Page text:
My response to that would be first and foremost rooted in the data. So we looked at kind of two sides of it. The data that came out of our contact reason metrics and then also data relating to the agent experience. So starting with that first bucket and being able to report on trends based on what were some of the top questions that were coming into our support function. So we could segment that throughout the various aspects of the customer journey, whether it was prepayment, post payment, and then really be quite pinpointed with what that translated into training opportunities and part of the QA process. Likewise as well, conducting feedback surveys for employees, for agents in this case really provided great insight to to understand where in their experience with our company, whether it was when they were first starting out, when a new product was launching, where do they find it challenging to keep up with some of the changes? So an example of that might be a new payment method launching or a change in regulation. So based on their feedback and some of the details we saw are relating to their satisfaction metrics, we were able to understand where to tackle.
Yeah. That’s awesome. It’s it’s so interesting to hear, you know, the, the connection that your organization and the focus that you all have behind making sure that, you know, the agent interacting with the customer on those front lines is as skilled as he or she could possibly be in receiving whatever the the client’s concern or issue is in that moment, but also making sure that they have the appropriate resources to respond to that effectively. And if they didn’t, for whatever reason, at that point in time, that you all are learning from that as a company in terms of, you know, how you can prevent that happening in the future, which is just a very sophisticated approach to how to, uh, tackle CX along the front lines. Um, and it’s just really cool to hear, you know, uh, live examples of how that’s happening within your organization. And certainly something I think a lot of our listeners are going to be able to, um, to resonate with or aspire to. So it’s great insight.
Right? Absolutely.
We’ve talked a lot about this conversation, just how interconnected those two pieces are, right? The the resources at hand and the skills to deal with the challenges. Um, speaking a little bit more about maybe the more of the soft skills side of things when it comes to agent coaching. And I know you’ve talked a lot about your organization’s global presence and the sensitivity to that. Are you able to narrow it down to kind of key soft skill elements that are a direct area of focus for, for your organization? Or maybe more broadly, what you think is is really crucial in terms of agent effectiveness on the frontlines?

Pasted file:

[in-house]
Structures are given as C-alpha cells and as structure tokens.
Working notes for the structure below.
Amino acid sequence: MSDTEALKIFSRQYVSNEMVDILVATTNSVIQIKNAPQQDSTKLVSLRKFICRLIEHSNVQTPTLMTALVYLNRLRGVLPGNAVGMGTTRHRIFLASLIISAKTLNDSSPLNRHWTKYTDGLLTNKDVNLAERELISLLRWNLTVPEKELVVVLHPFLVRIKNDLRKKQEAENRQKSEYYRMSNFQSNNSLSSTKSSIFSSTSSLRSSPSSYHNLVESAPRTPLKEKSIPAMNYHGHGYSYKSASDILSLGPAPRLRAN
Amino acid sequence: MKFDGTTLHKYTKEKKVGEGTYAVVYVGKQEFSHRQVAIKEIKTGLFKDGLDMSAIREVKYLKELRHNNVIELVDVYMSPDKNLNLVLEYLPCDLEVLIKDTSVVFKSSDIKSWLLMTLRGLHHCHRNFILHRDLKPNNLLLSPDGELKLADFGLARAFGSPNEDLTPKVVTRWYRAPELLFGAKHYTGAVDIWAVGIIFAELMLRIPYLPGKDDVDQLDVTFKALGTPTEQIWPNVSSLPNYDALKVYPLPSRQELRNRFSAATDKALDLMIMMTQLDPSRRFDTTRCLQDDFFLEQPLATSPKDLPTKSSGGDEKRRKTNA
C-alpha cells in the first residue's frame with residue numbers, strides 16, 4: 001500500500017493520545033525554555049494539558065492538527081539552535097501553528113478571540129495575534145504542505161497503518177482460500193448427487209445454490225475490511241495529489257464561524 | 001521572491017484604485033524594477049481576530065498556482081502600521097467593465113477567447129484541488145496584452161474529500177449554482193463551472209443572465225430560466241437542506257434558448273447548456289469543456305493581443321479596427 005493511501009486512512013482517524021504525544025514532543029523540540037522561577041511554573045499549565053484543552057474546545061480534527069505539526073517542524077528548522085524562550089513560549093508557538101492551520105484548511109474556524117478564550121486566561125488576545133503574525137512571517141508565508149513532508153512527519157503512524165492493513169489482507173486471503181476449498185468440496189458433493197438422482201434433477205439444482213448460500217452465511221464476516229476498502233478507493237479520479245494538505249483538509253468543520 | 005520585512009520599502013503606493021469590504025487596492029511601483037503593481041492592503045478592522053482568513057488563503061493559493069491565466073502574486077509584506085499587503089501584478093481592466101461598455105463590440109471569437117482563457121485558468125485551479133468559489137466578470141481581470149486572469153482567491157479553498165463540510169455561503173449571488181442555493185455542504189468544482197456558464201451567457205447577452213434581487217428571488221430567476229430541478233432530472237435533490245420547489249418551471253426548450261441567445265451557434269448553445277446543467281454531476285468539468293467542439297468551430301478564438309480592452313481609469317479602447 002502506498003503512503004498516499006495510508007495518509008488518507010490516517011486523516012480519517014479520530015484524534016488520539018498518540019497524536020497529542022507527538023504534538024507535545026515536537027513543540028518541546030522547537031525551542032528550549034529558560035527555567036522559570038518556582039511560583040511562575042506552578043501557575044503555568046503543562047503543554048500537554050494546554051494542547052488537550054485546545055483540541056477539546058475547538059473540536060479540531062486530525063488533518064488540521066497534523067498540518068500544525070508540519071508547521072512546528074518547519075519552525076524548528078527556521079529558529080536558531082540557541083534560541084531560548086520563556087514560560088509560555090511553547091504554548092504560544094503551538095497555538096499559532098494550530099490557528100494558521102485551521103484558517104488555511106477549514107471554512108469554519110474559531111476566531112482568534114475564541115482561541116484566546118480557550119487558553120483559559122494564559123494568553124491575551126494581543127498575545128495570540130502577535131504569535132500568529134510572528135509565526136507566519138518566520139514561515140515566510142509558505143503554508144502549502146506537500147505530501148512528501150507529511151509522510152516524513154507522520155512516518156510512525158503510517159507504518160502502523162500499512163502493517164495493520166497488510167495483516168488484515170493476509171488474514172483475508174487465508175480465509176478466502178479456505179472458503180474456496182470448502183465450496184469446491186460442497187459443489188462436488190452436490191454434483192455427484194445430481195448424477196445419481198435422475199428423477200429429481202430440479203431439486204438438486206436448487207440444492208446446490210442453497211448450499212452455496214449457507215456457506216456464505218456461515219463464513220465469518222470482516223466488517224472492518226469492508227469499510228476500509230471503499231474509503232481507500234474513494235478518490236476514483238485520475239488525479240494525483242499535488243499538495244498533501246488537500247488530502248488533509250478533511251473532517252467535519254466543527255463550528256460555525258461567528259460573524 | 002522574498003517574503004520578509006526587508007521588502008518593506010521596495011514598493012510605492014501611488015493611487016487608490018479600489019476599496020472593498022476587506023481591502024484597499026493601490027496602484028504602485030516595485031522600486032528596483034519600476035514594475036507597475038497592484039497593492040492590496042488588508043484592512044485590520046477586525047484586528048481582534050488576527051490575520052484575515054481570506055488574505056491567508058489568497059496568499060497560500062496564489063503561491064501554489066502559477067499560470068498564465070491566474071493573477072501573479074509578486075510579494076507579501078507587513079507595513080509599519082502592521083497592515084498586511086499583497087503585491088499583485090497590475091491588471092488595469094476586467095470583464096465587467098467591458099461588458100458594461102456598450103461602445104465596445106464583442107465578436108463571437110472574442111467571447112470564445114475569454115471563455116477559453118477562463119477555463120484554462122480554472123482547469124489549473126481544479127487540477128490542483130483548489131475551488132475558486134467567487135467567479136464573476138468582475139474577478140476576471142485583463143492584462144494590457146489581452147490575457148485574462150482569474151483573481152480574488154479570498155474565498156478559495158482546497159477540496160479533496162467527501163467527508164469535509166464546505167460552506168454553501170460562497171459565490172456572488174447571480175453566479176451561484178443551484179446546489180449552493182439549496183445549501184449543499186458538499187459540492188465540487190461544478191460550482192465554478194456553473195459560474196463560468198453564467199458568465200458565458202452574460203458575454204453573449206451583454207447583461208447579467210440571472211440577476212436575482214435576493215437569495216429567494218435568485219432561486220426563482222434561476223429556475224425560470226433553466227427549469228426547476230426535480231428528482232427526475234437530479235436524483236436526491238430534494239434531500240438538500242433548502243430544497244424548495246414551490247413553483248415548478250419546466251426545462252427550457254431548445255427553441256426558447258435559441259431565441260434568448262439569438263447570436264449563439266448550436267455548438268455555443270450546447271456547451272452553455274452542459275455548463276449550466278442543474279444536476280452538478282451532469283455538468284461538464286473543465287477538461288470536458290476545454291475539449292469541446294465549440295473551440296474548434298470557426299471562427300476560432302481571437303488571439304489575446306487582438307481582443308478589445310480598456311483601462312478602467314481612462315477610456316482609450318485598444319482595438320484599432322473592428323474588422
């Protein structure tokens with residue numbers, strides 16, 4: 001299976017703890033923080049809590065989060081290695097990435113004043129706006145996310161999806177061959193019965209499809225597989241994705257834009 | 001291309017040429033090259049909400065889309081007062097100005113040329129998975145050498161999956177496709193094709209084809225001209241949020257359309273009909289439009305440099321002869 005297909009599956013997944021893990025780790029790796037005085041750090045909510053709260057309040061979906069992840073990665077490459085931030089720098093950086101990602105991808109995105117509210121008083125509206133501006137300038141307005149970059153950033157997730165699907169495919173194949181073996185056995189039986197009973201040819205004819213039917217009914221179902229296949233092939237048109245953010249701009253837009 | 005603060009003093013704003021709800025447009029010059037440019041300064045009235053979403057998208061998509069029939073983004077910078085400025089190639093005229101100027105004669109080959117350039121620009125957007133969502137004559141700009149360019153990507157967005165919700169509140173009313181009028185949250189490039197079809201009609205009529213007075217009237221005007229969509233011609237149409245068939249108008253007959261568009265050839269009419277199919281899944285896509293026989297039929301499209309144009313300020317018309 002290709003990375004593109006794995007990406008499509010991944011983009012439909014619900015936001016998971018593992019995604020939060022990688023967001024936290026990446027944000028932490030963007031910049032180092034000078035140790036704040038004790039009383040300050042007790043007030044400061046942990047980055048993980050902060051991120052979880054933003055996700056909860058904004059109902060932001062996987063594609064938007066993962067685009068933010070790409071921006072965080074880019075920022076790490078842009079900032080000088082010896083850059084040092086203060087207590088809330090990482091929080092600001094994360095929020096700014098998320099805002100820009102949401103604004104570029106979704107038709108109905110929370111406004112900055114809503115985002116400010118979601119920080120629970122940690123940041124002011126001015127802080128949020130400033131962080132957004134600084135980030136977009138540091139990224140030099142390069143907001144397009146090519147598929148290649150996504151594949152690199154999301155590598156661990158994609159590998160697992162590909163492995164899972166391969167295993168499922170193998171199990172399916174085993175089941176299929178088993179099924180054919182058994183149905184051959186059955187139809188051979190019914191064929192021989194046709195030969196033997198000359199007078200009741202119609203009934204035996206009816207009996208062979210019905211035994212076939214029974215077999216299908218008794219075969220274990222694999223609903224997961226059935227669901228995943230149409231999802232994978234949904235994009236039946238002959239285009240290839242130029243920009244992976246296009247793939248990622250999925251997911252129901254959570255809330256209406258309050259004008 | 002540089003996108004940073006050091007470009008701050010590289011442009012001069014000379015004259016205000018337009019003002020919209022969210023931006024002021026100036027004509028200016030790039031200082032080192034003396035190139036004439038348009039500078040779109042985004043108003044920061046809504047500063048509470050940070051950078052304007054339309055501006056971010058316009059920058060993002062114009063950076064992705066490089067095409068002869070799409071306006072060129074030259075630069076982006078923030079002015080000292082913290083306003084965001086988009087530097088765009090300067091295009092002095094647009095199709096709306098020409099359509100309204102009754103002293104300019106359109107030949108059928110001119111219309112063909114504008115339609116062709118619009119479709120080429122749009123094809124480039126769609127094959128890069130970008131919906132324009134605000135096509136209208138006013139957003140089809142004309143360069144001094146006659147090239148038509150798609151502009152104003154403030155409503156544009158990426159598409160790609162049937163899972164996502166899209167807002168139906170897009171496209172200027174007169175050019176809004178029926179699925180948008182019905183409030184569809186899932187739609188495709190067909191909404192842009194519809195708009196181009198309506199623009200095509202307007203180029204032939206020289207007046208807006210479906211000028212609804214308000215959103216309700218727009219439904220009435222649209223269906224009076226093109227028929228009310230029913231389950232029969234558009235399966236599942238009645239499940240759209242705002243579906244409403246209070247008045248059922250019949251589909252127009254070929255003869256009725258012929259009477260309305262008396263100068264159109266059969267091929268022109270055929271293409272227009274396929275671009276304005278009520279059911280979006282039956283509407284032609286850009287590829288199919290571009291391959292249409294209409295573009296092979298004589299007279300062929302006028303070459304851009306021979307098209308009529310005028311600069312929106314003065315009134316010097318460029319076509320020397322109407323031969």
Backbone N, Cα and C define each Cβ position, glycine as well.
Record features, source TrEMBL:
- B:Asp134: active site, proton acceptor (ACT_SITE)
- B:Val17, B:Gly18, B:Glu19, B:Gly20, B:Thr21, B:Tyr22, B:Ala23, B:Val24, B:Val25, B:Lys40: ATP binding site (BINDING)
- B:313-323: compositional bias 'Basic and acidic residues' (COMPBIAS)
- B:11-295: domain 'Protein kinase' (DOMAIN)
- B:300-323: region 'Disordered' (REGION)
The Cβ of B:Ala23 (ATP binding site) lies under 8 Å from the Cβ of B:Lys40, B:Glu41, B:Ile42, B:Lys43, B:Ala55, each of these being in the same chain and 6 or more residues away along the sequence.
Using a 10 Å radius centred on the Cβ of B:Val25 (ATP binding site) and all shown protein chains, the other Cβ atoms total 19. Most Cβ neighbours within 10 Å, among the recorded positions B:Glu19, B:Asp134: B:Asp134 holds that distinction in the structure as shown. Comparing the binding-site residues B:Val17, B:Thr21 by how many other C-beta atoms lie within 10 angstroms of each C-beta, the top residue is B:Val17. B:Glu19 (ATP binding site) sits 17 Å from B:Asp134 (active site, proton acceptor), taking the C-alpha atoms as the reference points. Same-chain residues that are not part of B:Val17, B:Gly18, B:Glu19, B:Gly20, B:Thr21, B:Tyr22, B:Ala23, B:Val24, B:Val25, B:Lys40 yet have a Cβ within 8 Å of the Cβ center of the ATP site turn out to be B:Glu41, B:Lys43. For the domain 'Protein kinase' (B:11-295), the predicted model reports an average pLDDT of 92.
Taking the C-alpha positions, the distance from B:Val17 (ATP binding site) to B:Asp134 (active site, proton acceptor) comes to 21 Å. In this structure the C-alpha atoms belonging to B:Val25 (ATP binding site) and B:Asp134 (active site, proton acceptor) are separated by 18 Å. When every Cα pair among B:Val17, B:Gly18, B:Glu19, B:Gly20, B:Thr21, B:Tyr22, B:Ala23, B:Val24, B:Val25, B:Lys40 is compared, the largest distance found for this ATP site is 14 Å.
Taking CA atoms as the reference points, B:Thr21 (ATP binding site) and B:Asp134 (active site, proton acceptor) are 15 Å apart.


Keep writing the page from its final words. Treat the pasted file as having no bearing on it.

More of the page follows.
Yeah. So with soft skills, we identified a few key areas. Um, no brainers with customer support, such as effective communication. Um, having the, uh, excellent language skills to equip our global team. But what we really honed in on was the soft skill of practicing empathy, recognizing there are three main types of empathy that are agents would need to be aware of and practice throughout their interactions with customers. Um, so to provide examples of those, there is cognitive empathy, which speaks to the ability to understand someone’s perspective effectively. Our agents putting themselves in the customer’s shoes. Um, in addition to that, there’s emotional empathy. So the ability to feel what someone else is feeling. Um, and then thirdly, compassionate empathy. So having compassion and using that to take action to help based on your understanding of the situation. Um, so there’s definitely a balance that needs to be maintained between those three and definitely, um, a unique soft skill and training required to achieve that. Um, so with that emotional empathy is an example. Can foster connection better communication. Um, cognitive empathy might be used to better understand a friction point in the customer situation. And then using and leaning into that compassionate empathy helps us to drive meaningful actions and takeaways to benefit the customer. Um, so this is valuable in CX, where at times we might think solely of the metrics. Um, or hone in on things such as customer satisfaction. Um, but I feel it’s quite important to think of empathy as a key driver for customer loyalty. It allows us to connect with customers, allow them to feel respected, understood, and deeply valued. And that’s what we aim to coach our associates and agents through.